The growing problem of space debris in LEO (Low-Earth Orbit) is garnering more and more attention. With thousands of satellites in orbit, and thousands more on the way, our appetite for satellites seems boundless. But every satellite has a shelf-life. What do we do with them when they’ve outlived their usefulness and devolve into simple, troublesome space debris?Continue reading “Can We Use Special Sails To Bring Old Satellites Back Down To Earth?”
Ever since it started taking to space, there has been a lot of mystery and controversy surrounding the USAF’s X-37B space plane. Despite the fact that this militarized-version of NASA’s orbital vehicle has conducted several spaceflights since its first in 2010, we still have no idea what its true purpose is. But so far, the smart money appears to be on it being an advanced spy plane.
Hoping to gather clues to this question, skywatcher and satellite tracker Ralf Vandebergh of the Netherlands has spent the past few months hunting for this space plane in the night sky. Recently, he was fortunate enough to not only locate the elusive X-37B in the sky but also managed to snap some photographs of it. Given its diminutive size and secretive-nature, this was no small feat!Continue reading “Skywatcher and Satellite Tracker Photographs US Air Force’s Secret Space Plane in Orbit!”
The ESA is helping a group of students from Zurich test and develop their hopping exploration robot. Called SpaceBok, the robot is designed to operate on low-gravity bodies like the Moon or asteroids. It’s based on the concept of ‘dynamic walking’, something that animals on Earth use.Continue reading “The ESA’s SpaceBok Robot Will Hop Its Way Around Low-Gravity Worlds”
One of the greater challenges of sending payloads to Mars is having to contend with the planet’s atmosphere. While incredibly thin compared to Earth’s (with roughly half of 1% of Earth’s air pressure), the resulting air friction is still an issue for spacecraft looking to land there. And looking to the future, NASA hopes to be able to land heavier payloads on Mars as well as other planets – some of which may have atmospheres as dense as Earth.
A possible solution to this is the use of inflatable aeroshells (aka. heat shields), which offer numerous advantages over rigid ones. To develop this technology, NASA and United Launch Alliance (ULA) have partnered to develop an inflatable heat shield known as the Low-Earth Orbit Flight Test of an Inflatable Decelerator (
Have you heard of Interstellar Technologies? They’re the latest private company to launch their own rocket into space. They’re a Japanese company, and like other private space companies, their stated goal is to lower the cost to access space.Continue reading “Japan’s First Private Rocket Flies to Space”
When planning for long-duration crewed missions, one of the most important things is to make sure that the crews have enough of the bare essentials to last. This is no easy
According to a new investigation being conducted aboard the International Space Station, a possible solution could lie with a hybrid life support system (LSS). In such a system, which could be used aboard spacecraft and space stations in the near future, microalgae would be used to clean the air and water, and possibly even manufacture food for the crew.Continue reading “Astronauts Could Rely on Algae as the Perfect Life Support Partner”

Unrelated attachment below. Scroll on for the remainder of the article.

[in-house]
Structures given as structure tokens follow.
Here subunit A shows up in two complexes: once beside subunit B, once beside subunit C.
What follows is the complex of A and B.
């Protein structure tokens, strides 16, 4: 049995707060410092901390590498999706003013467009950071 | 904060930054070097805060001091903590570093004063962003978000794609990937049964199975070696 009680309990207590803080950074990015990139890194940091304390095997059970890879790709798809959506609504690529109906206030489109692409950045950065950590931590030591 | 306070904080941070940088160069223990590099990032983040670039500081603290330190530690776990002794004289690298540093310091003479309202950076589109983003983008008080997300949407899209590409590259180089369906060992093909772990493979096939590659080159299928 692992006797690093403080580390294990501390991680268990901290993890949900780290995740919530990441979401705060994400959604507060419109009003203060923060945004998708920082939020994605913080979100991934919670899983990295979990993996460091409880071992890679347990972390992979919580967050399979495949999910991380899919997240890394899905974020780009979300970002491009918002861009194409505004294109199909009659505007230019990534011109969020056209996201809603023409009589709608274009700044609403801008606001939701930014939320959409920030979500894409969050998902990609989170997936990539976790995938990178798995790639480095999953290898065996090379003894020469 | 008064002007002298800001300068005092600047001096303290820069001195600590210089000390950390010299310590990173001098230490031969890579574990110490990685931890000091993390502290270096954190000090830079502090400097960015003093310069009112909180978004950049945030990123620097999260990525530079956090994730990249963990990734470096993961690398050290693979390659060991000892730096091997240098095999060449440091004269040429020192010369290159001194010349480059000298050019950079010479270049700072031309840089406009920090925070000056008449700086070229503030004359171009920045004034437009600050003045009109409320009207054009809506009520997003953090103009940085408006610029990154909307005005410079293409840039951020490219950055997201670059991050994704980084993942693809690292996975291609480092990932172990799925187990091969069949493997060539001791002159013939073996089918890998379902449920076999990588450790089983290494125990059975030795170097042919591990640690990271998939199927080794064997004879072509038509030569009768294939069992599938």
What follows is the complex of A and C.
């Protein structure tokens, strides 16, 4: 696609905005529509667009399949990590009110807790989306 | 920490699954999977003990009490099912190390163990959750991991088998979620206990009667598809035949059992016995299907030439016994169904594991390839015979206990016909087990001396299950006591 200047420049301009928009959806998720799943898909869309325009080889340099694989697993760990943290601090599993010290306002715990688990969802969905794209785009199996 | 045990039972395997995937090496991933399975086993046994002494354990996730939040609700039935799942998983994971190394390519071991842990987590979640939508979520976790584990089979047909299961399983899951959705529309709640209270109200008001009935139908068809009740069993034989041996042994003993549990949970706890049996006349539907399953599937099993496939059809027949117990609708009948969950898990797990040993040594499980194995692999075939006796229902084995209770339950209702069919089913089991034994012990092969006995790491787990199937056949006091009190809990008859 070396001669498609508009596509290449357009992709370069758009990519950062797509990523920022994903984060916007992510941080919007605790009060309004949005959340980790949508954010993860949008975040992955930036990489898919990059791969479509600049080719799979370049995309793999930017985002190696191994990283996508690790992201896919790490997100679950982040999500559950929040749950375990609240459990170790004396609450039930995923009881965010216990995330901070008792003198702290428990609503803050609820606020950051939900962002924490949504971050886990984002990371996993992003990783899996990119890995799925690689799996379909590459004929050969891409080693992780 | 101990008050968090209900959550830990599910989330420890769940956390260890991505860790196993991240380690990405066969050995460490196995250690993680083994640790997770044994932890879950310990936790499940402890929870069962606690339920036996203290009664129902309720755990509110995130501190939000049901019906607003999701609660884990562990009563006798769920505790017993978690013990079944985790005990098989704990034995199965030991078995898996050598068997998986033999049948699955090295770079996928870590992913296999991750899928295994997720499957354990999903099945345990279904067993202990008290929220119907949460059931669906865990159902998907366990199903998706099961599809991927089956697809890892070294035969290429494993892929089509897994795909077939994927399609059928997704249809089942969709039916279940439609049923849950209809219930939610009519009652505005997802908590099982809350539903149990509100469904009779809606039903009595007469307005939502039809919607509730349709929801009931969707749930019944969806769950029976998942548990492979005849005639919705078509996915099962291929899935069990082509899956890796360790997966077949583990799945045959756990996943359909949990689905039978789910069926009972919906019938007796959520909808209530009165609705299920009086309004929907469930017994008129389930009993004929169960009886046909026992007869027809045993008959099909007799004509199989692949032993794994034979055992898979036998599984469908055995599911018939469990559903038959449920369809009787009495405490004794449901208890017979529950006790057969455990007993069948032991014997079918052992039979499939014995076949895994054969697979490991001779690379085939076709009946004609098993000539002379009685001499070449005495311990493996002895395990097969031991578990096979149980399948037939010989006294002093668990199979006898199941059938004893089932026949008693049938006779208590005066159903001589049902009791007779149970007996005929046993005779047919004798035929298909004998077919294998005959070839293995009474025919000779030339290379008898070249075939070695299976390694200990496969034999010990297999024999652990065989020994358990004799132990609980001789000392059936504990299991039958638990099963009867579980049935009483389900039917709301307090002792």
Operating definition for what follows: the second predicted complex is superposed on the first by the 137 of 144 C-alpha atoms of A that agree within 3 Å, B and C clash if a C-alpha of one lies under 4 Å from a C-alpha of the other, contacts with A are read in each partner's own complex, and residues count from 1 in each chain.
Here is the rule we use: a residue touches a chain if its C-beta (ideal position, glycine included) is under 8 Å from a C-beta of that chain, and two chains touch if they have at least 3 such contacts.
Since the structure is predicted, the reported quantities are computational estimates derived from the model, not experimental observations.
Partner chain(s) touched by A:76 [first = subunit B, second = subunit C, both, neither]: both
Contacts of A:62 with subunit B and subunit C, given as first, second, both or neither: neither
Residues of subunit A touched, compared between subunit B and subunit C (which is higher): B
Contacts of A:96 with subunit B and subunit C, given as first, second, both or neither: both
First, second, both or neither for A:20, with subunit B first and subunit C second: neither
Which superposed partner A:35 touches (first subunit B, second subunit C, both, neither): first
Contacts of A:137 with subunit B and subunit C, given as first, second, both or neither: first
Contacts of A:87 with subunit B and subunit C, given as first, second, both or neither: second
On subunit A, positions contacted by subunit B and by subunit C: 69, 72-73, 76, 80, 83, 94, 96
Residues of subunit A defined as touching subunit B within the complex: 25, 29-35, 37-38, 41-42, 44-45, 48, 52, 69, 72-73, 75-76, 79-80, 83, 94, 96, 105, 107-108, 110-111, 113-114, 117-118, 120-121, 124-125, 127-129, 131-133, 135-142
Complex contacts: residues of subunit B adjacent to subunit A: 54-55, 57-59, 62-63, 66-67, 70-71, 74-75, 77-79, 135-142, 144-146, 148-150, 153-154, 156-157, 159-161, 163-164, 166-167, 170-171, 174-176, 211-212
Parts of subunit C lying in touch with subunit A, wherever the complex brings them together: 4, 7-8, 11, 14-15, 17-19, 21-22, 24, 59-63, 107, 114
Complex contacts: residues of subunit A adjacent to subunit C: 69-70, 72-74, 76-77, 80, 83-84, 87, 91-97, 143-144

According to Elon Musk, SpaceX’s Starship Hopper just completed its inaugural hop test at the company’s South Texas Launch Site. As the first of many, this test is intended to validate the sophisticated Raptor engines that will be used aboard the full-scale Starship spacecraft, which is intrinsic to Musks’ long-term vision of providing intercontinental flights and making commercial trips to the Moon and Mars.Continue reading “The Starhops Have Begun!”
It’s relatively easy for galaxies to make stars. Start out with a bunch of random blobs of gas and dust. Typically those blobs will be pretty warm. To turn them into stars, you have to cool them off. By dumping all their heat in the form of radiation, they can compress. Dump more heat, compress more. Repeat for a million years or so.
Eventually pieces of the gas cloud shrink and shrink, compressing themselves into a tight little knots. If the densities inside those knots get high enough, they trigger nuclear fusion and voila: stars are born.
Physicists have developed an atomic clock so accurate that it would be off by less than a single second in 14 billion years. That kind of accuracy and precision makes it more than just a timepiece. It’s a powerful scientific instrument that could measure gravitational waves, take the measure of the Earth’s gravitational shape, and maybe even detect dark matter.
How did they do it?
Fusion power has been the fevered dream of scientists, environmentalists and futurists for almost a century. For the past few decades, scientists have been attempting to find a way to create sustainable fusion reactions that would provide human beings with clean, abundant energy, which would finally break our dependence on fossil fuels and other unclean methods.
In recent years, many positive strides have been made that are bringing the “fusion era” closer to reality. Most recently, scientists working with the Experimental Advanced Superconducting Tokamak (EAST) – aka. the “Chinese artificial sun” – set a new record by super-heating clouds of hydrogen plasma to over 100 million degrees – a temperature which is six times hotter than the Sun itself!